From board games to sports, there's plenty of ways to keep young minds active when school's out...
With June 30th fast approaching, parents and children are very much on countdown for the summer holidays.
Secondary school students have already finished up for the summer, while primary schools will be closing up over the next week or so.
The practical challenges of lengthy summer holidays are likely very familiar to most parents - but one of the less documented difficulties is keeping kids actively engaged and learning while school is out. The potential for a 'summer slide' is a genuine concern when a child's schedule is interrupted for months at a time.
Inez Bailey, CEO of the National Adult Literacy Agency (NALA), spoke to The Pat Kenny Show about some of the ways to avoid such a slide.
She explained: "This is certainly not about giving children any activities that they might even associate with school activities. Rather it is about recognising that there's lots of fun activities that we do with our children all the time that have a great benefit to their learning. It's making sure there's a balance of those going on over the school holidays.
"They are just fun activities that children will love to do [...] but they'll also have stealth learning going on at the same time - kids won't actually know they're doing it, but parents I think will feel a lot better knowing that they're doing this kind of balanced activities."
There are all sorts of options available, but it's not just dry educational activities: traditional games like hopscotch, or board games like Scrabble are simple ways of keeping a child's mind working while offering plenty of entertainment in the meantime.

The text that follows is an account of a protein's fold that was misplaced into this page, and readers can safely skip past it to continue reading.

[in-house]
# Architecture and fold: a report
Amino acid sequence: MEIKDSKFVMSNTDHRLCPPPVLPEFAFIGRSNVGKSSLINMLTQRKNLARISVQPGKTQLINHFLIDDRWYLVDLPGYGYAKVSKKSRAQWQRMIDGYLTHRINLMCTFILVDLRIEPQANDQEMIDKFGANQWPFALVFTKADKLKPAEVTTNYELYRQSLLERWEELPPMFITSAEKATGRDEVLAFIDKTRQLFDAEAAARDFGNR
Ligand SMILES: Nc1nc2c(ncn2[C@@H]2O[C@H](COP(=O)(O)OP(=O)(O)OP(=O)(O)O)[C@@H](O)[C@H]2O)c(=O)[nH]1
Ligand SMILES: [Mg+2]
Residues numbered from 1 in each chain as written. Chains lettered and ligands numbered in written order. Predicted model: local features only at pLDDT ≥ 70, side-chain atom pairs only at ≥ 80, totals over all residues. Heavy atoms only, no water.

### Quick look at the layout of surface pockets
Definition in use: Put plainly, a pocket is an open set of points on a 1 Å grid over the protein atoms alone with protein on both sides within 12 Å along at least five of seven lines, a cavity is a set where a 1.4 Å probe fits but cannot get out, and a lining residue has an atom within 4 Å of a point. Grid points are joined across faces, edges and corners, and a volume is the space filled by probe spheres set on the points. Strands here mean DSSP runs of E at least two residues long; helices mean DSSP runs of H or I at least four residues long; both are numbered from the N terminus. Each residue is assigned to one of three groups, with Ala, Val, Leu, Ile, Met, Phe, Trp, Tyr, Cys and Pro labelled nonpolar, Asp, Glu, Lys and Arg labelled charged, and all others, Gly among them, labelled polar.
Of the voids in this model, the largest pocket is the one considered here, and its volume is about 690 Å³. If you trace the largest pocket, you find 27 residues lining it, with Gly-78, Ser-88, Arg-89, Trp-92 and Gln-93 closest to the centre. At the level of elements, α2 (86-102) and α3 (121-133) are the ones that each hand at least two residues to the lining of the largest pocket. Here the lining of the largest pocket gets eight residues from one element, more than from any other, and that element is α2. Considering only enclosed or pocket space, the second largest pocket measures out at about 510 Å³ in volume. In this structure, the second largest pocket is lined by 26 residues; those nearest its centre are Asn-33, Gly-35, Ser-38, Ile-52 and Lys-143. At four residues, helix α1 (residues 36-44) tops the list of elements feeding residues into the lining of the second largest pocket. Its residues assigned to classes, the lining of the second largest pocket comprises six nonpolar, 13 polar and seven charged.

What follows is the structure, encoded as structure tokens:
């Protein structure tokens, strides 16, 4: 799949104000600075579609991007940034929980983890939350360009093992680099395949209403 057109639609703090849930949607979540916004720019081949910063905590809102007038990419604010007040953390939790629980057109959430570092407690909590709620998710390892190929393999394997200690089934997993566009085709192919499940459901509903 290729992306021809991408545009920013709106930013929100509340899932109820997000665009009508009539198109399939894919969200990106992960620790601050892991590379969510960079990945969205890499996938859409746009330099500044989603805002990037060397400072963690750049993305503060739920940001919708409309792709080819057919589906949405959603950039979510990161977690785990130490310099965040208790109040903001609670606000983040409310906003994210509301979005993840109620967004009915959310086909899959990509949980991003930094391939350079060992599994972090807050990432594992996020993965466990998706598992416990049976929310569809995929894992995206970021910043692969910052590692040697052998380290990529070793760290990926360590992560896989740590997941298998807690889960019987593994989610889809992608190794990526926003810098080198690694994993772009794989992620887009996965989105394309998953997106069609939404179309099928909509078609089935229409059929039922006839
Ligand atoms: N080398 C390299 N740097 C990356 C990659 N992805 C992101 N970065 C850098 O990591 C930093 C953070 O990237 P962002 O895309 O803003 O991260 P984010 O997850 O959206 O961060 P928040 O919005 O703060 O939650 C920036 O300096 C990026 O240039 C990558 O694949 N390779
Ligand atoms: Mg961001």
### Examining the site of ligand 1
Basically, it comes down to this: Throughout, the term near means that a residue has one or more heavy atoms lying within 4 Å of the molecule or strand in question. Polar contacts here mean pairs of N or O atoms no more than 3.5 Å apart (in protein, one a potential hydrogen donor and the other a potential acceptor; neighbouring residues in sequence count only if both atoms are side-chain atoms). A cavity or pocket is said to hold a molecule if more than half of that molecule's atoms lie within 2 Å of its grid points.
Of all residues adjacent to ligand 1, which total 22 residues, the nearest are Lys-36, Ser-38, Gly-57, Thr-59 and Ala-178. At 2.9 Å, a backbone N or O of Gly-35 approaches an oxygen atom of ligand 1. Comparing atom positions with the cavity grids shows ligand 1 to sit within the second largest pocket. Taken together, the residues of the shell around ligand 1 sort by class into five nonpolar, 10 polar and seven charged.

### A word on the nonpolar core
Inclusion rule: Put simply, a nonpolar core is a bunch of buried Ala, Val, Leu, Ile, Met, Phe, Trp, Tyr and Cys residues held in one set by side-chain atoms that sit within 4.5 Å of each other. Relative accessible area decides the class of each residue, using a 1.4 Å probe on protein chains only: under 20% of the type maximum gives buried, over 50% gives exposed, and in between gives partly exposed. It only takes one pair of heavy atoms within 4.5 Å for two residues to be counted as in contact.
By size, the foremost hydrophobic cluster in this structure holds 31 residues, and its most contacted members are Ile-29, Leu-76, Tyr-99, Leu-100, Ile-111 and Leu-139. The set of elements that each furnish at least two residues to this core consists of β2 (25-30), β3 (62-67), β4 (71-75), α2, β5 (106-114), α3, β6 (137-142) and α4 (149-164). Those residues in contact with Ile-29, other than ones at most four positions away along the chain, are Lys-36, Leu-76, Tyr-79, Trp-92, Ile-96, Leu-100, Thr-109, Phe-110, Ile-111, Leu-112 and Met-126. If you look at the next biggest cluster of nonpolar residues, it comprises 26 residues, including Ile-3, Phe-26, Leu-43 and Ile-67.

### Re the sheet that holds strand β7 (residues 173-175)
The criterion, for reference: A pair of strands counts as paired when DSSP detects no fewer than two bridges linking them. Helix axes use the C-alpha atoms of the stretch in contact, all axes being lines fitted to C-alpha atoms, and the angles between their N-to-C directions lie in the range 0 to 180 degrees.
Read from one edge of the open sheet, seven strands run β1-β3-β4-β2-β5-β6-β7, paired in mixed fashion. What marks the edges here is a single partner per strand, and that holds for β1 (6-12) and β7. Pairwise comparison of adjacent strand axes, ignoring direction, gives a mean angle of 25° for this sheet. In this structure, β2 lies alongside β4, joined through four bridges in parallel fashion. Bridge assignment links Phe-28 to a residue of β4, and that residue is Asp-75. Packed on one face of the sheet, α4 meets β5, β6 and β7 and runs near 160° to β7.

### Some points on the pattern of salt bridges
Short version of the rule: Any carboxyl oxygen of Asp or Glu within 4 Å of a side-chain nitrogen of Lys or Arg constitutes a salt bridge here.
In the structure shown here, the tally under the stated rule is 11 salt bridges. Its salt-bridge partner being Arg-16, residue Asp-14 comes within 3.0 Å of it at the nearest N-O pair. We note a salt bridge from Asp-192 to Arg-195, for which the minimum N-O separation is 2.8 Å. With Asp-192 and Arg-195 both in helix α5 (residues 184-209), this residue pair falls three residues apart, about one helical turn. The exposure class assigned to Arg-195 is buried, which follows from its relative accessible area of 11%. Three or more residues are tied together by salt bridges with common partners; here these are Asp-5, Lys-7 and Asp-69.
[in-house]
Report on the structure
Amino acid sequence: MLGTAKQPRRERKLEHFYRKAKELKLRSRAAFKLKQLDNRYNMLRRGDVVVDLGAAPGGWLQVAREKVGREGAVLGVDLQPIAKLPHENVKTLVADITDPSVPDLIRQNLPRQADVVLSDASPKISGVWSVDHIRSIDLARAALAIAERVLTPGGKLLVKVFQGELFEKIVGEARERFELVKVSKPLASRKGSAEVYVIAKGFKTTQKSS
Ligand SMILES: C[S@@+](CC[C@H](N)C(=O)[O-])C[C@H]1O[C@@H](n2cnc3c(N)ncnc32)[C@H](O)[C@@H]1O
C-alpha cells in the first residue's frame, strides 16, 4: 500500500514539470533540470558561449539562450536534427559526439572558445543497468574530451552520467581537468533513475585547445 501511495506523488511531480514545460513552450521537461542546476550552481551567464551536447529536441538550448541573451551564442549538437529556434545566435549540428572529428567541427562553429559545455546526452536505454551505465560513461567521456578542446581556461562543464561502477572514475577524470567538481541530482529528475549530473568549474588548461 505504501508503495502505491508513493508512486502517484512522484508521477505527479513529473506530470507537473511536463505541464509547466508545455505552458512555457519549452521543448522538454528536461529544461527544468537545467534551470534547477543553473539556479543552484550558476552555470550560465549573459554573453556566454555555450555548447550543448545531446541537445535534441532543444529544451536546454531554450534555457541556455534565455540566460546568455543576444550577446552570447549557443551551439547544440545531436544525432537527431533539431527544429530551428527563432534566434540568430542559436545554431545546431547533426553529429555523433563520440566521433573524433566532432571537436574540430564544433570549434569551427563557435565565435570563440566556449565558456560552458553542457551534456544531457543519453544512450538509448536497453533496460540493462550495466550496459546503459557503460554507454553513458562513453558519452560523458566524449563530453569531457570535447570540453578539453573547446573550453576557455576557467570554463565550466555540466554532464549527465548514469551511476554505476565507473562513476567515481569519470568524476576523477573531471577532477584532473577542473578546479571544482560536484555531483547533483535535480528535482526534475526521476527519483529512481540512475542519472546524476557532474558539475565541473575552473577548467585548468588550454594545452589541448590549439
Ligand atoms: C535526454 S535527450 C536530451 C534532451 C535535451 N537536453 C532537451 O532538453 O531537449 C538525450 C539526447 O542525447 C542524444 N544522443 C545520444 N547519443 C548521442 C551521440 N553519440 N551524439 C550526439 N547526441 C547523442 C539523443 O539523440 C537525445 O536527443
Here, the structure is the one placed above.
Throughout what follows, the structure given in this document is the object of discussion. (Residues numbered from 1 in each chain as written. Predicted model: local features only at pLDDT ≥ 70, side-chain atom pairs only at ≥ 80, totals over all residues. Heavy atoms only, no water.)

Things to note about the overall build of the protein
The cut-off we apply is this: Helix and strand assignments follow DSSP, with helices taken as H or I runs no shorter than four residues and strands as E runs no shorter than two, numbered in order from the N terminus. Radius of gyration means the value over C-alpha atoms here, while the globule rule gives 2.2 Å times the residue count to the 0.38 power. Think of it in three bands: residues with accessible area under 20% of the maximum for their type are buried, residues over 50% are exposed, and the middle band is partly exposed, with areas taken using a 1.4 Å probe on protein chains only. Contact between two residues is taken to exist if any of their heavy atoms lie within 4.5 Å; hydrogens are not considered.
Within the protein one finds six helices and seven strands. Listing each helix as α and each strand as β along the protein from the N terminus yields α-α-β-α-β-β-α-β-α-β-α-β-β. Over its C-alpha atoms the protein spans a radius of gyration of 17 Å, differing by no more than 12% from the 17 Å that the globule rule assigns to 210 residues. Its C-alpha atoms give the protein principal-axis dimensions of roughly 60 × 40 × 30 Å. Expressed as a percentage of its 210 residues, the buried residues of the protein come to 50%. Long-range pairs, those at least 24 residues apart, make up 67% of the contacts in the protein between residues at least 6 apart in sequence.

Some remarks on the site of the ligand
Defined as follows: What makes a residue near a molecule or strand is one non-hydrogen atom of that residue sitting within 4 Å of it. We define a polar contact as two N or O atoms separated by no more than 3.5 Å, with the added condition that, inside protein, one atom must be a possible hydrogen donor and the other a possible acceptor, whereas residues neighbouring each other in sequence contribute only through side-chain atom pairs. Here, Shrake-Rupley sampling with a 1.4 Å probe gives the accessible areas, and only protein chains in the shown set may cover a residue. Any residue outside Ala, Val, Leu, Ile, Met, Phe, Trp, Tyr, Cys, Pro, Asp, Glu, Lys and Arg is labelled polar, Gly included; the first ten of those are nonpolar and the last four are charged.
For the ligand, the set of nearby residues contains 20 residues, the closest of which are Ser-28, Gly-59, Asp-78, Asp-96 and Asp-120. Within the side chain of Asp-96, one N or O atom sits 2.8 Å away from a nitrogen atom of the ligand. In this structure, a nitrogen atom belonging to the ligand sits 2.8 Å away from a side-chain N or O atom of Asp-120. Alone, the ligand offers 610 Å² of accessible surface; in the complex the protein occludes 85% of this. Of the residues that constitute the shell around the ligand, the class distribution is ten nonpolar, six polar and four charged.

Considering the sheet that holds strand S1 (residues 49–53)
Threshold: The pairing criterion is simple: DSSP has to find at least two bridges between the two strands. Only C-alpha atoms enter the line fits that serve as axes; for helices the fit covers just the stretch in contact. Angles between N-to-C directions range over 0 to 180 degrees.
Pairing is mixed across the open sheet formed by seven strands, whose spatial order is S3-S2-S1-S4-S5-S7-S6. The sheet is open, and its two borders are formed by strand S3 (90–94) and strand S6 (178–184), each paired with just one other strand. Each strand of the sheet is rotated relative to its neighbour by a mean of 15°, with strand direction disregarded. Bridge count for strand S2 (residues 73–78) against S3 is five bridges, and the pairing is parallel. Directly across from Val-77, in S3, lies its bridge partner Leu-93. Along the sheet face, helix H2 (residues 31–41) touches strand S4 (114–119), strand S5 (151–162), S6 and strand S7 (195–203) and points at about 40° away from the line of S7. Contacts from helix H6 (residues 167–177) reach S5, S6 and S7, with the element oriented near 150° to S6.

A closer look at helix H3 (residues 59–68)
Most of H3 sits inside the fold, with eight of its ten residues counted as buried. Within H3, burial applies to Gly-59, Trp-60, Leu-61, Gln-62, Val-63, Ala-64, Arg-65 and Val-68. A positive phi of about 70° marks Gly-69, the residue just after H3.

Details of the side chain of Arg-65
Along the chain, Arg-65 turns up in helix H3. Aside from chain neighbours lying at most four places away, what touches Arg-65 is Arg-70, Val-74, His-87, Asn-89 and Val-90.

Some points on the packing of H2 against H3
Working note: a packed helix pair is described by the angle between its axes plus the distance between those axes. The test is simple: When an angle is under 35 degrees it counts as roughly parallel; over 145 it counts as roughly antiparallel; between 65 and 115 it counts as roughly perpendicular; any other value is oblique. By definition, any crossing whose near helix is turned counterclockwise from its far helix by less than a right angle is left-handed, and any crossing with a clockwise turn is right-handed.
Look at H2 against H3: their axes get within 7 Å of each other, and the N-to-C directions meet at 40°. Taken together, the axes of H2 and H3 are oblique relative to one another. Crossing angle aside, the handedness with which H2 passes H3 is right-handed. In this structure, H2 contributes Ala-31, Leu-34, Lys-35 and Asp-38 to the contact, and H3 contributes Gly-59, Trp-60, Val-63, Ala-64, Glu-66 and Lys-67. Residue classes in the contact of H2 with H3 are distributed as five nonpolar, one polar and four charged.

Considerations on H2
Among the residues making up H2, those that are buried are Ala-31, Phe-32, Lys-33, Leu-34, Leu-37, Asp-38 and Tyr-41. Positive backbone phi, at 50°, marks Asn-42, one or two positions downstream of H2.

Inez pointed out: "Children are usually very involved in sport - football, tennis, the GAA. [They are] great ways of figuring out all sorts of mathematics activities.
"You won't be saying to the children 'now we're going to do maths' - you're going to be saying 'we're going to be doing a fun game'."
In these days of smartphones and tablets, many fear that children are not reading enough books. But technology should not always been seen as an inherently negative thing.
Inez suggested that while children's literacy is generally on the rise, there are some young people who find reading a book or novel challenging.
"[It's worth] maybe giving them an alternative, which might be a magazine or a comic," she noted. "Or, indeed, if they're very fixated with learning online, using an e-book."
Parents around the country will be receiving their children's report cards as the year winds down, and these days many schools will include recommended tasks to keep kids engaged over the summer break - small little things like continuing to recite the times tables with younger children.
Again, Inez stressed that need not be a boring bit of rote learning.
She suggested: "If you can find an alternative way of doing a little bit of multiplication, that's bedded into shopping or something like that... that's a far better way for the child to pick up a skill."
More learning resources for children are available on the Help My Kids Learn website from the NALA.